Musicing Across the Lifespan 2019 AMTA

AMTA 2019  CMTE T

Title: Musicing across the Life Span: Understanding Music throughout Human Development

Musicing Across the Lifespan – AMTA 2019 Handout

Abstract: This presentation will guide participants to a deeper appreciation of the music inherent in human experience through a detailed examination of developmental music responses across the lifespan. The emphasis will be on placing music as a valued component in overall development of identity. Music examples and experientials will demonstrate the connection between specific musicing and the creation, rehabilitation, or sustaining of ‘self’.

Sprouting Melodies Institute WRAMTA 2019

Thank you for joining us! Please keep in touch.

Elizabeth@Raisingharmony.com    Meredith@Raisingharmony.com

Musicking Across the Lifespan – AM

Musicking Across the Lifespan – PM

From Cell to Self: Music Therapy and Music Cognition Research

Thank you for your interest in music therapy and early childhood. Please visit our web site for other courses and learning opportunities.

Elizabeth

Elizabeth@Raisingharmony.com

Click on the link below to open a PDF of this recent presentation.

From Cell to Self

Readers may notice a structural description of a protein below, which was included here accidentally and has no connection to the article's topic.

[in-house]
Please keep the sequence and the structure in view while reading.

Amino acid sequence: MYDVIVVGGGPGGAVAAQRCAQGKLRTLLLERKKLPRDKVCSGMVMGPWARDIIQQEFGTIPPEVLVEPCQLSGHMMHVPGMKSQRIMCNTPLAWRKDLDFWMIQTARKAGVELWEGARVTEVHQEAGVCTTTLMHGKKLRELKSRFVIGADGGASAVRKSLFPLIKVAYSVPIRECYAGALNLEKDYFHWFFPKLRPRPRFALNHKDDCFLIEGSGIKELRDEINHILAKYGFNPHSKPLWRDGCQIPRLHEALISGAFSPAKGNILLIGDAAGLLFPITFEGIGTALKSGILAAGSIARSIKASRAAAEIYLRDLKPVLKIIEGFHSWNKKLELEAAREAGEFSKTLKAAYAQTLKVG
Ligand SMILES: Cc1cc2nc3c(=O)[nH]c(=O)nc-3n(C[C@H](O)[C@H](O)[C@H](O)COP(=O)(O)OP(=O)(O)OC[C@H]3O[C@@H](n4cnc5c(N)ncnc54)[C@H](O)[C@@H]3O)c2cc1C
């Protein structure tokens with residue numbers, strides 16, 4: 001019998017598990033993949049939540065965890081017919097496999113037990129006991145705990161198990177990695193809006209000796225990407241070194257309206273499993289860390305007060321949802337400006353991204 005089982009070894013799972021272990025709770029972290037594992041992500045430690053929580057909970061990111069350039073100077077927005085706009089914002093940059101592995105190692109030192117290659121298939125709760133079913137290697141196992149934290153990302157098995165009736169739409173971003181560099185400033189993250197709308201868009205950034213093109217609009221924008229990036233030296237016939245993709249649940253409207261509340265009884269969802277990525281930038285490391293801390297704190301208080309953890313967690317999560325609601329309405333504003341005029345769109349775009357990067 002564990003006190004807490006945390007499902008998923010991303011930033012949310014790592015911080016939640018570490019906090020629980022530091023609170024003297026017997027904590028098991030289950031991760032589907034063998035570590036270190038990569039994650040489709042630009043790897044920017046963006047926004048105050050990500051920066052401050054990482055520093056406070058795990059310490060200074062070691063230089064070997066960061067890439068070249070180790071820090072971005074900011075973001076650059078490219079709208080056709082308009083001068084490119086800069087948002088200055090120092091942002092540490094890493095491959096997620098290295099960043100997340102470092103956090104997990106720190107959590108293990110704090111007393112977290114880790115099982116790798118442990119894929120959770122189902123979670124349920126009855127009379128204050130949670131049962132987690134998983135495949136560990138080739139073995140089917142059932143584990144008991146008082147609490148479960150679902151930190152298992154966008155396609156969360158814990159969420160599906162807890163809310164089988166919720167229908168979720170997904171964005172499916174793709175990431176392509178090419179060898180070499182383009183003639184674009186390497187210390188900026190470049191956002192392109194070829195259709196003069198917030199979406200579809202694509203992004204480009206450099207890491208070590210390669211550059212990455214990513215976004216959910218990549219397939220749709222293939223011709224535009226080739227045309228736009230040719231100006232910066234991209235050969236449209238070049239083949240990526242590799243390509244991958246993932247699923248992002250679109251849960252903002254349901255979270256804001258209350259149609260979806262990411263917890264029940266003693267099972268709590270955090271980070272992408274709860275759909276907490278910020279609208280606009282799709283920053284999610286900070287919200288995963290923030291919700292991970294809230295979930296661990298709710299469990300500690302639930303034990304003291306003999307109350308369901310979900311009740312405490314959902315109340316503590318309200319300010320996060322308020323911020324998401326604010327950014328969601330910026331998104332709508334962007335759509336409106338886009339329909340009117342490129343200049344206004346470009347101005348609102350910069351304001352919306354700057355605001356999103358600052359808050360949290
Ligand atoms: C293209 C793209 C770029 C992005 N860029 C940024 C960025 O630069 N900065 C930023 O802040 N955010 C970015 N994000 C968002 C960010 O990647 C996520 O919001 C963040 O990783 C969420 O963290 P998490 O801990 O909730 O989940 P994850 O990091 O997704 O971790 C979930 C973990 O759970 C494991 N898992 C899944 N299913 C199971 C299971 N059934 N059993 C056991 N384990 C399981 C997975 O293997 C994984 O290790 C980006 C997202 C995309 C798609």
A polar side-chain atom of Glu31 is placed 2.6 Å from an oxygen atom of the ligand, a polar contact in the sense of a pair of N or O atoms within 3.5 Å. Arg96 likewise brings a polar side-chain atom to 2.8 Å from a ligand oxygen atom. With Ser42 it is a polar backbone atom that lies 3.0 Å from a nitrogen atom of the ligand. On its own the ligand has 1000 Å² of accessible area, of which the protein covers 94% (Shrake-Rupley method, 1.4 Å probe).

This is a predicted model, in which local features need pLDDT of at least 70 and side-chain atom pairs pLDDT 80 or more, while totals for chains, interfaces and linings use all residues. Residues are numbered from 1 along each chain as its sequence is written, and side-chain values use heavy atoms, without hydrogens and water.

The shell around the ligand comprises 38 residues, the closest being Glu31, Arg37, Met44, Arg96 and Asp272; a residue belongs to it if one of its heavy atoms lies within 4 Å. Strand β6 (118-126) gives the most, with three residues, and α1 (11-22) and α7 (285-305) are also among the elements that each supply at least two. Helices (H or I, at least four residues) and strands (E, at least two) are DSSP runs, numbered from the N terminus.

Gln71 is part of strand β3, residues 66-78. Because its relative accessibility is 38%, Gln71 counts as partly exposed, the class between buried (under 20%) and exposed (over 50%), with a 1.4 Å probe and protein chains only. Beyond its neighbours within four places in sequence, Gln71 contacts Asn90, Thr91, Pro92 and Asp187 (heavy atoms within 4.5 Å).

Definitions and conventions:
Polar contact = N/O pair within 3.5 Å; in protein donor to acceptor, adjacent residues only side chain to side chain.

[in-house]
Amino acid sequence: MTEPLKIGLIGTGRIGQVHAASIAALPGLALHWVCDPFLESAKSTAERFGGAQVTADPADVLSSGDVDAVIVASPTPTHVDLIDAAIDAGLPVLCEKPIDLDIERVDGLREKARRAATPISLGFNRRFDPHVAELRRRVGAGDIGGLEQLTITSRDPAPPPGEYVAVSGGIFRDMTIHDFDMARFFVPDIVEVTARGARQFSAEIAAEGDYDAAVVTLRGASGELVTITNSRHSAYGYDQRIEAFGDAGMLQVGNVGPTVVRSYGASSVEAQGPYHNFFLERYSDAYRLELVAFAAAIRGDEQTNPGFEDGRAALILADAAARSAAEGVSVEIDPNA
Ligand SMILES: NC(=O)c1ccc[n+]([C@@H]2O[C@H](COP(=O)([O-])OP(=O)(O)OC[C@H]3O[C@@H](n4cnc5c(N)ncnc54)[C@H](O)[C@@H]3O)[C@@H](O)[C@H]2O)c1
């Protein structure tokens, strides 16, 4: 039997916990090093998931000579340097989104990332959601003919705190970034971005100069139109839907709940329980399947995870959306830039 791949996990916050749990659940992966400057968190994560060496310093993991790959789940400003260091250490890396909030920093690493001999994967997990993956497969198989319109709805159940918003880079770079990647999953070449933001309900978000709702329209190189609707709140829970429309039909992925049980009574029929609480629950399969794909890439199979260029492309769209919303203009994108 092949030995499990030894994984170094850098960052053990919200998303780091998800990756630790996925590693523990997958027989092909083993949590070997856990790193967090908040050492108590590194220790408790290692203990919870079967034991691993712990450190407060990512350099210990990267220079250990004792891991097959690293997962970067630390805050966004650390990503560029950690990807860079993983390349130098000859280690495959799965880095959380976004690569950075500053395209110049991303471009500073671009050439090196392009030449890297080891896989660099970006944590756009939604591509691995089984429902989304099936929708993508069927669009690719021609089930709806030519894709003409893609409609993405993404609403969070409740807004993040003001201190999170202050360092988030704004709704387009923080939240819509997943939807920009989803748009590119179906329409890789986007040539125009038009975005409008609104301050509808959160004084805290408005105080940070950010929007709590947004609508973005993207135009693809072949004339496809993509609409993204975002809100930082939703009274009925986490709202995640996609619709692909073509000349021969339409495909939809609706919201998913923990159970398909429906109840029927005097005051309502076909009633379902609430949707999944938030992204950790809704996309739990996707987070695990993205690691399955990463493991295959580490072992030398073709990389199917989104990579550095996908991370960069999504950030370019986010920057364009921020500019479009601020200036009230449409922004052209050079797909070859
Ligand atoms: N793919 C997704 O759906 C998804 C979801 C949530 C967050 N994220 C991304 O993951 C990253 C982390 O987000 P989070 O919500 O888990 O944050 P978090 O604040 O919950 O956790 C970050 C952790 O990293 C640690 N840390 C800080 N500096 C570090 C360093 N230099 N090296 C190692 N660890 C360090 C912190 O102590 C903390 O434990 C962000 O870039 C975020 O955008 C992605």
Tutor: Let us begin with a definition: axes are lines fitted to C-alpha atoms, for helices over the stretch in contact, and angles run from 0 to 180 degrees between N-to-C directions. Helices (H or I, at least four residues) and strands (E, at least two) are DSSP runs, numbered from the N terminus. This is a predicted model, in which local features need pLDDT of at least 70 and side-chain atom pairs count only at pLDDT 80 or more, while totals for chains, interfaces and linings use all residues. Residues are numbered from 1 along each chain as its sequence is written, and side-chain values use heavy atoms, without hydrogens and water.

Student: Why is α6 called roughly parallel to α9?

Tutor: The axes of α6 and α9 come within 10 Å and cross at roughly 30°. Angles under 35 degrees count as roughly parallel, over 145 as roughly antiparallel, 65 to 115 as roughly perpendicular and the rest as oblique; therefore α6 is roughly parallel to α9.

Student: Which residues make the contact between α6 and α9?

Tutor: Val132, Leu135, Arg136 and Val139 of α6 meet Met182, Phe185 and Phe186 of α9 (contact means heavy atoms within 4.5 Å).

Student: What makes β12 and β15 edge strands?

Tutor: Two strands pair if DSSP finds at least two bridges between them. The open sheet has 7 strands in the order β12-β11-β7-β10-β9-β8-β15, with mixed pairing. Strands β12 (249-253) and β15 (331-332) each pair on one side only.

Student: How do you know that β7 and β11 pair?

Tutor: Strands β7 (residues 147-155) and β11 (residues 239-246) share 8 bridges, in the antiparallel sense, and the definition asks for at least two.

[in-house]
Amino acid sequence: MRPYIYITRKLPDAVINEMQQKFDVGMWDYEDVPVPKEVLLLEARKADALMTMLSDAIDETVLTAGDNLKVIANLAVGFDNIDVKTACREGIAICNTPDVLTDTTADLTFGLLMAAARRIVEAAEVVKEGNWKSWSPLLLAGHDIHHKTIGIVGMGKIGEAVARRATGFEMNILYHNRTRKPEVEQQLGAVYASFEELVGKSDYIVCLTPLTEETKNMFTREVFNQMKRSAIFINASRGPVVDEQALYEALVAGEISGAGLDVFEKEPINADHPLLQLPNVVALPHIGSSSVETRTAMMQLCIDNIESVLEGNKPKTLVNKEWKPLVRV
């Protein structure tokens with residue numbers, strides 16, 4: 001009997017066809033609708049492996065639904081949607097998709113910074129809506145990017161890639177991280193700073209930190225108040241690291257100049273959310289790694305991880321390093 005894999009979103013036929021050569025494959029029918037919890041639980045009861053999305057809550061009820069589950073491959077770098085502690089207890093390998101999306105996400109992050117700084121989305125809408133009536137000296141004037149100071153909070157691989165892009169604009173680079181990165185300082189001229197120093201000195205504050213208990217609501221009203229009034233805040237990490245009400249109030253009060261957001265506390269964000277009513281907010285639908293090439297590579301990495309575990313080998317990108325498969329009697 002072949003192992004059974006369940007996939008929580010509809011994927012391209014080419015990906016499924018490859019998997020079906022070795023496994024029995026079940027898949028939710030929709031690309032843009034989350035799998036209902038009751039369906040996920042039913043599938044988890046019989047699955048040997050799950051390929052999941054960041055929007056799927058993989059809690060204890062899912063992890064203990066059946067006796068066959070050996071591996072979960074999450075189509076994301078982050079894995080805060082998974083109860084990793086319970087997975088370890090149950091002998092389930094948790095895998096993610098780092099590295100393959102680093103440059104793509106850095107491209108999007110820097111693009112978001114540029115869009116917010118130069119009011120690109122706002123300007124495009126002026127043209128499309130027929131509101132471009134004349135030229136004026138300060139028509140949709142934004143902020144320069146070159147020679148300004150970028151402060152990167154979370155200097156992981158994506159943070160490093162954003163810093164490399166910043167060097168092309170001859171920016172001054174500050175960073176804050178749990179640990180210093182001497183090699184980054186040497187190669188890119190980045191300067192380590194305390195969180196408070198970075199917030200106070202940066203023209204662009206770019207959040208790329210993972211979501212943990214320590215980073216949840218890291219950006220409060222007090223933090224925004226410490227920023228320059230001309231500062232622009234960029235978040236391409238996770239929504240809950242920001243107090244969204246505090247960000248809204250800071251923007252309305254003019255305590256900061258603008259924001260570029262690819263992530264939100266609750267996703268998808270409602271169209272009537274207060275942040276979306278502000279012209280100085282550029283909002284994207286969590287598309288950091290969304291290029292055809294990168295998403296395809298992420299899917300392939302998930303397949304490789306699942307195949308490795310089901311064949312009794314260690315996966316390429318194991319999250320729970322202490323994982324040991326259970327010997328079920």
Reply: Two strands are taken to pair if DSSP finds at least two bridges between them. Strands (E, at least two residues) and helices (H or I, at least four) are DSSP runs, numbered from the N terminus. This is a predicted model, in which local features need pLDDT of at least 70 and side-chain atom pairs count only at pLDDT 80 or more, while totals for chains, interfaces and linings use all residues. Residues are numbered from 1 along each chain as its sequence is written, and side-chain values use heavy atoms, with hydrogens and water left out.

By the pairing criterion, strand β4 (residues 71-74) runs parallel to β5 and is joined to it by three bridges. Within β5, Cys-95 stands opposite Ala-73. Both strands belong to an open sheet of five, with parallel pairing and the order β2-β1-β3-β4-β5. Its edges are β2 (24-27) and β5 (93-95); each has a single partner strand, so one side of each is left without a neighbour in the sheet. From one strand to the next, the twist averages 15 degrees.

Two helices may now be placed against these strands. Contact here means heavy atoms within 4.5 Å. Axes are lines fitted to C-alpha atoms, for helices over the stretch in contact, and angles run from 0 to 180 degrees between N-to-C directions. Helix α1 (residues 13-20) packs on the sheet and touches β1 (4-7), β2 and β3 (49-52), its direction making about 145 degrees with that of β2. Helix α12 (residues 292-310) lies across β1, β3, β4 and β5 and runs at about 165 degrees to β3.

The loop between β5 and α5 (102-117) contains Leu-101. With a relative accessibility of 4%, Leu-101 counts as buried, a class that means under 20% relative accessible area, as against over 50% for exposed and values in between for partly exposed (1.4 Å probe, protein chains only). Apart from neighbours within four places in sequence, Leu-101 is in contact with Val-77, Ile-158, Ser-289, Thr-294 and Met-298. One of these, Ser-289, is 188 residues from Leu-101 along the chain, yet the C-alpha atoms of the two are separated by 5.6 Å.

24 Hours to Save on 23 Credits!

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Because we procrastinate too, we wanted to give you an extra chance to register at the Early Bird Discount cost of $349. That’s 23 continuing education credits, tons of new music, and a vibrant engaging community.

https://raisingharmony.com/training/sprouting-melodies-training-info/

Course starts Wednesday, April 4, 2018. Early Bird Discount deadline, March 31st.

 

What are you waiting for?

What’s the Deal with Dorian?

Well, I’ve done it again! There is something about the Dorian mode during the winter season that really draws me in. And what I’ve noticed again and again is that it also draws young children into the music in a way that is unique.

I think that it is the ambiguity which the Dorian mode creates that fits so well with my style of music therapy. I want children to explore and express and examine. I don’t always want to box children in to a certain harmonic structure that will lead them to a foregone conclusion. The Dorian starts out with the flatted third that tricks the ear into thinking it has a specific path. But then, along comes the raised sixth. It surprises me every time. It no longer feels minor, but it doesn’t feel major either. That is another reason that Dorian is perfect for young children as they explore all types of pitched and melodic sounds. Anything they contribute musically seems to have a place in Dorian.

I also like to add the Dorian mix into the pot during the holidays. By the time December is nearing its end, many of us are ready for a break. We sometimes get stuck in the stress of season and keep our jingle bells on constant loop. Dorian digs me out.

Maybe this song in Dorian will help you find a little bit of novelty and newness in these last few days before the New Year. Give it a try this week. “Look and See” invites you and your children to take a break from the normal and find some creative play time. Let me know if you, like me, find a big deal in Dorian.